Malware Hunting using Procmon and Procexp

In a virtual machine where I perform malware tests, I noticed that a conhost.exe process was constantly consuming around 50% of the CPU and allocating approximately 2.5 GB of space, even if it did not use the memory.

The main task of Conhost.exe is to provide the appearance and functionality of the command line window. This includes controlling the size, color and position of the window, displaying text and graphics, and processing user input.

However, the problem here is that it gets up again immediately after killing this process.

The reason why this process gets up again as you close it is that another process is actually doing this. So let’s try to look at the properties of this process to find its parent.

Next, let’s go to the TCP/IP tab to see if it has established a connection with any malicious IP or domain.

When we checked the IP and Domain, the IP address was flagged as malicious in one vendor;

We see that the reputation score of the domain is 98.9.

When we continue the examination, we can see that the parent process of conhost.exe is not visible, but its process id is included. When we check the parent’s process id, it is not included in process explorer either.

You can use procmon to understand which process is running conhost.exe. What we need to do is to start Procmon and stop procmon again after killing conhost.exe.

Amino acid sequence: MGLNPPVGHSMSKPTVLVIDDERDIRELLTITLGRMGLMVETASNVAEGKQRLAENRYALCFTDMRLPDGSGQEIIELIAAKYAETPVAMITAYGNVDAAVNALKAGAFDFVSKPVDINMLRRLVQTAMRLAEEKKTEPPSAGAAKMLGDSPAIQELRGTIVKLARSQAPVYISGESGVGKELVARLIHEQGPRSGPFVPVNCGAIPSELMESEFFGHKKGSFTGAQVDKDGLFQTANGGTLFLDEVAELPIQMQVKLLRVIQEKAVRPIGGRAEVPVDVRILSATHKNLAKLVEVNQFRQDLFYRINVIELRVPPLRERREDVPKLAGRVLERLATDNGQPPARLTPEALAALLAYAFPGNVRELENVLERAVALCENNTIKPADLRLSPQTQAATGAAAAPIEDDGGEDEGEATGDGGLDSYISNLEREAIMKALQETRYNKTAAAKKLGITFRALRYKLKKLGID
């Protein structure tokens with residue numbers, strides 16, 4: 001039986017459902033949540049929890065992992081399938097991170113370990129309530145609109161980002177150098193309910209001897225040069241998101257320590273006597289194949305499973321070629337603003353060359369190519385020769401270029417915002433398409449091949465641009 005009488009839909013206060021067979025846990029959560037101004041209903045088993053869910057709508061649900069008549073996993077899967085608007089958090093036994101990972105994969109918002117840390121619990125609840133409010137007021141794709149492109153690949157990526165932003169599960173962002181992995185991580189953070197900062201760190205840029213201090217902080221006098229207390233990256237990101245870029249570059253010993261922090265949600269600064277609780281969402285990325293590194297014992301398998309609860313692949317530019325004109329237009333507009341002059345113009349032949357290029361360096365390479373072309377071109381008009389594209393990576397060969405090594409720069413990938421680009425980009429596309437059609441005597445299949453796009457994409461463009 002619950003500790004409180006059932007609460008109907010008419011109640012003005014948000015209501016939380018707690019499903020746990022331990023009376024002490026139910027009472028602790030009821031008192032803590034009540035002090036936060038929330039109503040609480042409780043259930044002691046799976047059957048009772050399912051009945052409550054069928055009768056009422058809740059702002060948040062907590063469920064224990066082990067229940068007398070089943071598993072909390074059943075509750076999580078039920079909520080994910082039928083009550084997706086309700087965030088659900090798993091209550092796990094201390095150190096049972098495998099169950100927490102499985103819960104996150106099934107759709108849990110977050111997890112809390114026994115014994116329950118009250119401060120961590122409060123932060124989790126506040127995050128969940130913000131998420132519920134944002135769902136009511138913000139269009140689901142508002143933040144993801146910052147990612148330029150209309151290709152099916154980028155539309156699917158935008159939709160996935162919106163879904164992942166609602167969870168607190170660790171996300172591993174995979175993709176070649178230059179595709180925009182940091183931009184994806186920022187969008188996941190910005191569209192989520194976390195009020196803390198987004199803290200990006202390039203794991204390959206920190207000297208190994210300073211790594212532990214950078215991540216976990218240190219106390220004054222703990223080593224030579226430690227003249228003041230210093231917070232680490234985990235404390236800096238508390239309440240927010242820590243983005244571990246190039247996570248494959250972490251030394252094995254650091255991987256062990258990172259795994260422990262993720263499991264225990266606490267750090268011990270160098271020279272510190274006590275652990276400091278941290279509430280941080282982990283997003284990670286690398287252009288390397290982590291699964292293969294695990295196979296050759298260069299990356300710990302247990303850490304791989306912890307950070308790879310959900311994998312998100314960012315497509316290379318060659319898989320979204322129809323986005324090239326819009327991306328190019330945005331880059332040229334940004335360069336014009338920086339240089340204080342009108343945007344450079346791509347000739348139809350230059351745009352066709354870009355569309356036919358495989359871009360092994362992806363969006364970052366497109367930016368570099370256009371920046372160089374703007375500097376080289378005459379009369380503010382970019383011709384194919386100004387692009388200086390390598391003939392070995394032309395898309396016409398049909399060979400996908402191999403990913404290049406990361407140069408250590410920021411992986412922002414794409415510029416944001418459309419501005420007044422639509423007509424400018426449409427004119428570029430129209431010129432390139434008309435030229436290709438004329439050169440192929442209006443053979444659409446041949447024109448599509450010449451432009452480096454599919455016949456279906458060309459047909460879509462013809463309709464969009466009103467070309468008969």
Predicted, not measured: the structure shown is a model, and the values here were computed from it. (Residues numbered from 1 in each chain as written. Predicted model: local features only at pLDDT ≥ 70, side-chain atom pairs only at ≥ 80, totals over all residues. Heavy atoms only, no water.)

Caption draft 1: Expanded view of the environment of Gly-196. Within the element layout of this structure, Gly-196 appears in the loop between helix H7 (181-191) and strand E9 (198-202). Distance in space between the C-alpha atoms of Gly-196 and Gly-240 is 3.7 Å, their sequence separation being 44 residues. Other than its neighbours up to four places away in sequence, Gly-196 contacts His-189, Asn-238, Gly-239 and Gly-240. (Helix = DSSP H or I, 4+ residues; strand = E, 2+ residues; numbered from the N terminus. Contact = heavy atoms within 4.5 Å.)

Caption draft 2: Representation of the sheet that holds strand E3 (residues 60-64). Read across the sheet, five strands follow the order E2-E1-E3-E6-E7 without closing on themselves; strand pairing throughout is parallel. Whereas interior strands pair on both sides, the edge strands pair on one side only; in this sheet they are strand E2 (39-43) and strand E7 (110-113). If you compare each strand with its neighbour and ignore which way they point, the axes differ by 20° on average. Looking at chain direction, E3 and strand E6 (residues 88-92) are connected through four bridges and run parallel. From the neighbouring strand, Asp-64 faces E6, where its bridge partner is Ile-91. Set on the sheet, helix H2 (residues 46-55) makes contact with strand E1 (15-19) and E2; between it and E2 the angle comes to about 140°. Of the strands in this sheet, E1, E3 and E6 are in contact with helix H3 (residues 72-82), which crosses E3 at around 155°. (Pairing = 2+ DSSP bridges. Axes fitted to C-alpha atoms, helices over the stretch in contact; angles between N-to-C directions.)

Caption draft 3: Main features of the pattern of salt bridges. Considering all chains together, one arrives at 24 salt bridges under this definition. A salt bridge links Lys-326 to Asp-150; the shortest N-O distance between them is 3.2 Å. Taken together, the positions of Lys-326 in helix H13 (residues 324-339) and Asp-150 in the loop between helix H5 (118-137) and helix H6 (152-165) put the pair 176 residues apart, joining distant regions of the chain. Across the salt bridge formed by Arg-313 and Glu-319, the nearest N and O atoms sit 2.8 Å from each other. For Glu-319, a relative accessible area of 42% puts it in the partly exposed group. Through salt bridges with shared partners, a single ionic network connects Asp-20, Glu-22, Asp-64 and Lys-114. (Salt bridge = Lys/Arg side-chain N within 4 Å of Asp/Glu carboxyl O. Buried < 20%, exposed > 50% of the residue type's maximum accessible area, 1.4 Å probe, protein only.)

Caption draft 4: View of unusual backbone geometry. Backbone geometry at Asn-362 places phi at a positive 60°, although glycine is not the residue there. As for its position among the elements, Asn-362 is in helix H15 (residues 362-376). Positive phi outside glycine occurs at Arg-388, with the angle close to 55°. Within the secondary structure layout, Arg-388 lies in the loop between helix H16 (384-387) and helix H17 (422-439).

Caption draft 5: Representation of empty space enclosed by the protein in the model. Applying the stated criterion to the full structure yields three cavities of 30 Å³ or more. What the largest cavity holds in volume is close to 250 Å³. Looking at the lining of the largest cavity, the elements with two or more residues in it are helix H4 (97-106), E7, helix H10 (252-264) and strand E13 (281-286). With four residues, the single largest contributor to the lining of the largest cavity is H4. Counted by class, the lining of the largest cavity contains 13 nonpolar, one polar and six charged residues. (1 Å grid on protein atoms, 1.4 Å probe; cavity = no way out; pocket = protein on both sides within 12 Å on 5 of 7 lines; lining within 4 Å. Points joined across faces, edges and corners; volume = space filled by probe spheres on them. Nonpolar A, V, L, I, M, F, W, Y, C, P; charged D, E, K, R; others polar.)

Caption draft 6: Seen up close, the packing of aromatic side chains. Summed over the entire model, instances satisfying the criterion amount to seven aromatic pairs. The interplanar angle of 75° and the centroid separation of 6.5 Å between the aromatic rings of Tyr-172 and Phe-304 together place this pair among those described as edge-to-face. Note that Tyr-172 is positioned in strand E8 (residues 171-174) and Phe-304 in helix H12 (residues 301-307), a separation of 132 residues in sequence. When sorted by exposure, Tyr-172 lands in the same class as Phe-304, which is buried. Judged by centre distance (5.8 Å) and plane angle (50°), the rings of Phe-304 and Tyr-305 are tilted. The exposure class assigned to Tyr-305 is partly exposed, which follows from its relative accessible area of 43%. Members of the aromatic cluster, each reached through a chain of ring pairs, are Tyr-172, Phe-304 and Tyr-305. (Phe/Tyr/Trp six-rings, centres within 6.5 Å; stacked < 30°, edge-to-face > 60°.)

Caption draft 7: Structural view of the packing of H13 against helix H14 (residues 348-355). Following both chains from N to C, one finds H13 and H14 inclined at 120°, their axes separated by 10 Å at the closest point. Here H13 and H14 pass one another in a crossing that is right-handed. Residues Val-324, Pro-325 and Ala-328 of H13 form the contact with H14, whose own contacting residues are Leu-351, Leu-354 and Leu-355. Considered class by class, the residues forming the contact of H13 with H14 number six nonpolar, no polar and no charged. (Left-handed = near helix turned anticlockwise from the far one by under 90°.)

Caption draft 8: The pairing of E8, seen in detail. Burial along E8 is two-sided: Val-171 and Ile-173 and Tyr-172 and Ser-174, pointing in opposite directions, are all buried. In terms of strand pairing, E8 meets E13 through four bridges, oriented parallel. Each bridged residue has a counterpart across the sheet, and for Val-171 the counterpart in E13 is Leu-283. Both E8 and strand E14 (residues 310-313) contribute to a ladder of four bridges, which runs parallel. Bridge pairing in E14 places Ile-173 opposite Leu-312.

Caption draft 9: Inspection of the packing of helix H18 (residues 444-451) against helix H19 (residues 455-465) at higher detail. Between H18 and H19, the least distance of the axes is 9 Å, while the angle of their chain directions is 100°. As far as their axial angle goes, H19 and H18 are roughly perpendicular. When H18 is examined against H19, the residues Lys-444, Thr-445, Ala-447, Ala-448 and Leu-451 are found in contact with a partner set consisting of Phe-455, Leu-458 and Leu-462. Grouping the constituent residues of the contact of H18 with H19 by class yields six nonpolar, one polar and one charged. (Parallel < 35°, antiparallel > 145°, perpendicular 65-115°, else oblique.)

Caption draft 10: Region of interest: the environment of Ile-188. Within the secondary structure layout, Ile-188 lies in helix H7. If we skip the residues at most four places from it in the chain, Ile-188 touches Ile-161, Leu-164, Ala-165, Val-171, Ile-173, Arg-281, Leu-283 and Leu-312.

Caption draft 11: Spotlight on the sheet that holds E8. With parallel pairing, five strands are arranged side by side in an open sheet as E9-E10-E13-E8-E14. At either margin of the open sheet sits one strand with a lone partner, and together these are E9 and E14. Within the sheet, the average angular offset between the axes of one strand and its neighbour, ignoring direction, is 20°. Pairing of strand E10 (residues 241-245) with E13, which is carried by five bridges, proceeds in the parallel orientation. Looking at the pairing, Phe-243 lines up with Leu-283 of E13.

After stopping the Procmon log, let’s go to the filter section and add the process id of the new conhost.exe to the filter.

After adding the filter, we can see some of the activities of the new conhost.exe process from the moment it starts.

After double-clicking on conhost.exe again, we see that the ID of the parent process is 1592. When we enter ID 1592 as the PID filter in Procmon, we can see the process that starts conhost.exe.

To find out where the process is located, let’s double-click on the process and look at its properties.

When we go to the relevant path and ask virustotal for the hash of the file, we see that the file has been flagged as malicious by 47 manufacturers.

Then, when we delete the relevant file and look at the process explorer, we see that conhost.exe has risen again.

Then, when we look at the malicious file we deleted, we see that it has been recreated.

Then we changed our filter to see which process created the malicious file.

When we capture Procmon again, we see that another conhost.exe process created the malicious file.

When we killed the conhost.exe process with ID 3484, we saw that the relevant malicious file was not created again and therefore conhost.exe, which consumes system resources, was not created again.






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